Customers are fickle. They move from shop to shop, they change brands frequently and they alter suppliers on a regular basis. The concept of being loyal to a brand or suppliers is rapidly dying out.
New research from McKinsey suggests that customer loyalty is actually rather elusive. The study looked at 125,000 consumers across a wide range of purchasing areas. It found that there were only three out of 30 categories in which loyalty played a part. Those sectors were mobile phones, investment and car insurance. Indeed, for these three categories, the main driver of purchasing was loyalty. However, in almost all of the other categories, loyalty was a bit-part player, barely entering the chart for half of the areas under investigation.
If you run a business you might like to think that your customers love you. In reality, though, they are prepared to set themselves free from buying your products and services at a moment’s notice.
Which rather begs the question, what are those top three categories doing for their customers that the rest of the firms in the study are not doing? What are car insurers doing so special to make their customers loyal?
Lock-ins versus loyalty
The answer is probably nothing. Go on an MBA course and they’ll tell you that there are only four ways of creating value in a business. These are novelty (having something new), efficiency (doing it better than the competition), complementarities (providing additional services and products) and lock-ins (making it tough for customers to leave).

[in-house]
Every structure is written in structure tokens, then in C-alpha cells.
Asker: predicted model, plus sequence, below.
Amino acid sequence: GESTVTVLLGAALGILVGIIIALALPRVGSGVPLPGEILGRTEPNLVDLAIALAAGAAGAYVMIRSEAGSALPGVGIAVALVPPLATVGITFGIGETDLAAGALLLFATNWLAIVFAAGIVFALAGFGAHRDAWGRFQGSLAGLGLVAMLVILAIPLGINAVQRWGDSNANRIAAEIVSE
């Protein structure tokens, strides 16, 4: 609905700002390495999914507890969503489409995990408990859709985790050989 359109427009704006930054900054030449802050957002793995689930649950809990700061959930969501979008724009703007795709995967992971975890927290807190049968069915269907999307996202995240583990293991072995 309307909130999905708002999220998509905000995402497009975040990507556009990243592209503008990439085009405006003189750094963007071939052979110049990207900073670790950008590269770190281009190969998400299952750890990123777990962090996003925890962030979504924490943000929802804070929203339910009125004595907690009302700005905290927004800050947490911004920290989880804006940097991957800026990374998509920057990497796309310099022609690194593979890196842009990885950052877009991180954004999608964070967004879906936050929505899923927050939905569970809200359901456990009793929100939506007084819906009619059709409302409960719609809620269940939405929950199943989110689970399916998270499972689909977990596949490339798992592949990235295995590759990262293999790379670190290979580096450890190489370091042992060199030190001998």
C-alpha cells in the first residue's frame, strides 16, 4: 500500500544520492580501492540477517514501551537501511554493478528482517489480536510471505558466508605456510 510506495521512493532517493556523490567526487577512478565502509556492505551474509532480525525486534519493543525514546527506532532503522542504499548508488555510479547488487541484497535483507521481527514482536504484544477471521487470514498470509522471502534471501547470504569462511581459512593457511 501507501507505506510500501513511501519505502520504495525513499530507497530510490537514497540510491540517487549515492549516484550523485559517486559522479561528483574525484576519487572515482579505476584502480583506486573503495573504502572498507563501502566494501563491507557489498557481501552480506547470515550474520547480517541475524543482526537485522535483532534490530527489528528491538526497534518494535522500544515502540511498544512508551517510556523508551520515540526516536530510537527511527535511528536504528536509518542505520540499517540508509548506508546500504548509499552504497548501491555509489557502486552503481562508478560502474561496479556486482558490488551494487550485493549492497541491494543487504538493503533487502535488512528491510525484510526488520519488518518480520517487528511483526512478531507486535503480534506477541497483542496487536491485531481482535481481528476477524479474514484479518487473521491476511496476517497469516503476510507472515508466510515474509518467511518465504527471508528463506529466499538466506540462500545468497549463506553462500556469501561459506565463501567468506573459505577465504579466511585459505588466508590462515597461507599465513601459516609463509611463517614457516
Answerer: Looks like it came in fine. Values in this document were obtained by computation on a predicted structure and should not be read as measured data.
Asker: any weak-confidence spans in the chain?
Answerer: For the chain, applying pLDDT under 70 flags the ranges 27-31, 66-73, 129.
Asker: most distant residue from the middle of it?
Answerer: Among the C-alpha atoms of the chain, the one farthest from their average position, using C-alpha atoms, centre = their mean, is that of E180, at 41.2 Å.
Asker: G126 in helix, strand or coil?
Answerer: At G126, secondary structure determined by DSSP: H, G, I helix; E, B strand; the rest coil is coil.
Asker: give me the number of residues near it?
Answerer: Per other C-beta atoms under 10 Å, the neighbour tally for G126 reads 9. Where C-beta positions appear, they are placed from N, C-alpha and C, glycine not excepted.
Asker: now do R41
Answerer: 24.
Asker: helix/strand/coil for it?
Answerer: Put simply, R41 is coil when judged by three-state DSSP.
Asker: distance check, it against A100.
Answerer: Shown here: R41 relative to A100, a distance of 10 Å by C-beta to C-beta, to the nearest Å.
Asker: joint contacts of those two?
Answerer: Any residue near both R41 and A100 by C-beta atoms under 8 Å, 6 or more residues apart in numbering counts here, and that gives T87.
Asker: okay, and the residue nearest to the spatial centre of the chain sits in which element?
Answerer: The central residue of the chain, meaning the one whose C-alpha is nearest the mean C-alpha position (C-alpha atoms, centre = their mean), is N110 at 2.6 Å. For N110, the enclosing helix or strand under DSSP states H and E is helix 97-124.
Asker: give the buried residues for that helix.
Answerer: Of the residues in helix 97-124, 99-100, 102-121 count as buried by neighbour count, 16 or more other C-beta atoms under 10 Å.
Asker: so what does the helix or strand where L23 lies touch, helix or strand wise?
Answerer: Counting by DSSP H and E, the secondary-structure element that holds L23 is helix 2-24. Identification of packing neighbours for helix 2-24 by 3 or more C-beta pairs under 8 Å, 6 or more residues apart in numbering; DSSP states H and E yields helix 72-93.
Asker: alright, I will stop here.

Many businesses who think they have loyal customers have no such thing. What they have set-up is a business with “lock-ins” making it harder for people to leave and go somewhere else. The mobile phone industry is adept at this. They provide you with a “free” phone in return for a 24-month contract for their phone service. Then, when the contract is about to expire they offer you a nice new shiny phone without any charge and also provide you with a “special deal” for another 24 months. For most people that is so much easier than shopping around.
The same is true for the car insurance sector. Even though it is relatively straightforward to go to an insurance comparison website, the vast majority of people do not do so. They just simply stick with their old insurer because they make it easy for them to carry on using them. This is more of an emotional lock-in, but a bunch of paperwork and a letter saying “you don’t need to do anything to carry on being insured” is all the firms need to convince people it is easier to stay.
The investment sector also locks you in emotionally. The company has looked after something highly personal for you for the past year or more – your money. They know you simply won’t move out of fear that an alternative company would reduce your pile of cash. Better the devil you know – unless you are a high risk-taker.
Customer loyalty is a myth
In the podcast “Rethinking Customer Loyalty” from the research firm Forrester, the presenter points out that customers are “restless”. We are all relatively happy to move away from existing brands and suppliers.